• Applications: Moving-iron voltmeters are commonly used in power systems, substations, and industrial environments for monitoring AC voltage.

5. Vacuum Tube Voltmeters (VTVMs):

  • Operating Principle: VTVMs use vacuum tubes (valves) to amplify and measure voltage signals. They provide high input impedance and are suitable for measuring high-frequency AC signals.
  • Advantages: VTVMs offer high sensitivity and accuracy, especially for AC voltage measurements at radio frequencies. They have a high input impedance, minimizing the loading effect on the circuit under test.
  • Applications: VTVMs are used in electronics, telecommunications, and radio frequency (RF) applications where precise voltage measurements are required.


A multimeter, short for “multiple meter,” is a versatile measuring instrument that combines various measurement functions into a single device. It can measure voltage, current, resistance, and often additional parameters like capacitance, frequency, and temperature. Here are the key features and applications of multimeters:


  1. Multiple Functions: Multimeters can measure voltage (volts), current (amps), resistance (ohms), continuity, capacitance, frequency, temperature, and sometimes more. They are versatile tools suitable for a wide range of electrical measurements.
  2. Selectable Measurement Mode: Multimeters allow you to select the specific measurement function you need. You can switch between voltage, current, resistance, and other modes, making them adaptable to various tasks.
  3. Integrated Display: Multimeters typically feature an integrated digital or analog display that shows measurement values directly.


  • General Electrical Testing: Multimeters are the go-to tool for electricians, technicians, and hobbyists for general electrical testing, such as checking circuits, diagnosing faults, measuring current, and verifying resistance values.
  • Maintenance and Repair: They are used in the maintenance and repair of electrical and electronic equipment, including appliances, automotive systems, and industrial machinery.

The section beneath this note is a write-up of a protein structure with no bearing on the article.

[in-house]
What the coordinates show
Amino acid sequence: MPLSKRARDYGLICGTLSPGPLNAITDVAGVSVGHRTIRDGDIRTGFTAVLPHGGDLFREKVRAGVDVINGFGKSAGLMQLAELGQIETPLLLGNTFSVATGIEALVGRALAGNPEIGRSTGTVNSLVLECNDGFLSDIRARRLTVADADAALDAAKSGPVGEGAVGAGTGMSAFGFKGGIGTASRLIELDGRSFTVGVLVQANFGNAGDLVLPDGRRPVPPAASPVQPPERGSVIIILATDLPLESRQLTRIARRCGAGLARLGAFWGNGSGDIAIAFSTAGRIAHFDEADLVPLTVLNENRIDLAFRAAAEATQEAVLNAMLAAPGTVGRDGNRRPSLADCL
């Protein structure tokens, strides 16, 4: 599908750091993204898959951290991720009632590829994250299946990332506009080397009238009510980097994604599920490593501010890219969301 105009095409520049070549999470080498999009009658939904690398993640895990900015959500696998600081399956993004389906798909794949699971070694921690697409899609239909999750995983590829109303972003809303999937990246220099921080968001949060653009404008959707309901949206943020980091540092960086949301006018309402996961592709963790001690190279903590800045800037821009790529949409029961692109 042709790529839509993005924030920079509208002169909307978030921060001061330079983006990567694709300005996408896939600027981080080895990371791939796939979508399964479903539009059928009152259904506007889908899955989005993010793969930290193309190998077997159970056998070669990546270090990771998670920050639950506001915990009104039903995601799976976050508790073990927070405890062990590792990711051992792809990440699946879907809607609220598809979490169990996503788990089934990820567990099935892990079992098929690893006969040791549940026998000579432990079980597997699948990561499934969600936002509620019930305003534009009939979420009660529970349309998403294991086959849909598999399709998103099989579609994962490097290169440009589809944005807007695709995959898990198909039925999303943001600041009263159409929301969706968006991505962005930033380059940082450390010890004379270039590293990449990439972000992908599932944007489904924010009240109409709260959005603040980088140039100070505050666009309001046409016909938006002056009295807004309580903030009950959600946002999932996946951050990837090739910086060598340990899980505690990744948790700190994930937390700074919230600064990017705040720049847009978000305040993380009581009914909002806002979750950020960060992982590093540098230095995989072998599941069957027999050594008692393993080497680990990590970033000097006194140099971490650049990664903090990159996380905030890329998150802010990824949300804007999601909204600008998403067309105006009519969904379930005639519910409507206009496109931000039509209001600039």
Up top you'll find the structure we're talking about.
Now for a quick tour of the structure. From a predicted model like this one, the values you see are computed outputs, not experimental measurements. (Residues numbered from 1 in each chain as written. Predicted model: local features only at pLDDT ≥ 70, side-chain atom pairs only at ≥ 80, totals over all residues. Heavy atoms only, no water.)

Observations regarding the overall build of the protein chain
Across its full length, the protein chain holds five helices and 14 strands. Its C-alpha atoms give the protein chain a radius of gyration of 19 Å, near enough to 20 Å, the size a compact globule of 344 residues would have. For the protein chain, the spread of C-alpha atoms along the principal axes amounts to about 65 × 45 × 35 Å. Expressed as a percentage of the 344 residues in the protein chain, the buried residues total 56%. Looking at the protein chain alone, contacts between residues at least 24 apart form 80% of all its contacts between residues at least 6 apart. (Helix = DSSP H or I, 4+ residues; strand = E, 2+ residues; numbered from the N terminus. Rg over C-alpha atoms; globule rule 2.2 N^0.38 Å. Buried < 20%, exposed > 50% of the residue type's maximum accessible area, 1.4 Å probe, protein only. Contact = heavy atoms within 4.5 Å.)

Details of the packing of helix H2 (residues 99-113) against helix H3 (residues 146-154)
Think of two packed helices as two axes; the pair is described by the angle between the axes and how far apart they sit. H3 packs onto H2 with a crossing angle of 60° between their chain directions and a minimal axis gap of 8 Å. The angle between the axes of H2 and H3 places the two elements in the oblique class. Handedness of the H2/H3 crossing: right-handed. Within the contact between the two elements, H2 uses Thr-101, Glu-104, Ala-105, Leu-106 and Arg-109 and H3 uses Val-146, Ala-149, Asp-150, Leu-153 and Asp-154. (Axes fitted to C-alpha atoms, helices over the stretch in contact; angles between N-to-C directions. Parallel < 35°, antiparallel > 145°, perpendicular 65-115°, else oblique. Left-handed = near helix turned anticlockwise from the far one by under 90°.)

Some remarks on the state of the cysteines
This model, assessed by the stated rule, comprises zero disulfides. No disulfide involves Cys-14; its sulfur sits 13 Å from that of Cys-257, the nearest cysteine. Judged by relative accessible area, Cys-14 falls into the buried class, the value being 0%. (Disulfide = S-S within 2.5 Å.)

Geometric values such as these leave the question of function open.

• Quality Assurance: Multimeters are employed in quality control processes to verify the functionality and electrical parameters of products.

When to Use Which:

  • Use a Voltmeter When: You need to measure voltage levels accurately at a specific point in a circuit or determine the presence of voltage. Voltmeters are specialized for voltage measurement tasks.
  • Use a Multimeter When: You require versatility and need to measure multiple electrical parameters, including voltage, current, and resistance, or when you’re unsure about the specific measurement required. Multimeters are suitable for general electrical testing and troubleshooting.

Different Types Of Multimeters

Multimeters, often referred to as “multitesters” or simply “meters,” are versatile instruments used for measuring various electrical parameters. There are different types of multimeters, each designed for specific applications and measurement needs. Here are the common types of multimeters:

1. Analog Multimeters:

  • Operating Principle: Analog multimeters use a moving-coil mechanism combined with a needle or pointer on a scale to display measurements. The pointer’s movement is proportional to the measured quantity (voltage, current, or resistance).
  • Advantages: Analog multimeters provide continuous readings and are often favored for their simplicity and ease of use. They are suitable for quick measurements in many applications.
  • Applications: Analog multimeters are used in electrical troubleshooting, basic electronics, and educational settings.

2. Digital Multimeters (DMMs):

  • Operating Principle: Digital multimeters use analog-to-digital converters (ADCs) to convert electrical signals into digital data displayed on an LCD or LED screen. They offer precise numerical readouts.
  • Advantages: DMMs provide accurate and easy-to-read measurements. They are versatile, capable of measuring voltage, current, resistance, capacitance, frequency, temperature, and more. They offer additional features like data logging and connectivity.
  • Applications: DMMs are used in electronics, electrical maintenance, automotive diagnostics, industrial settings, and laboratories for a wide range of electrical measurements.

3. Auto-Ranging Multimeters: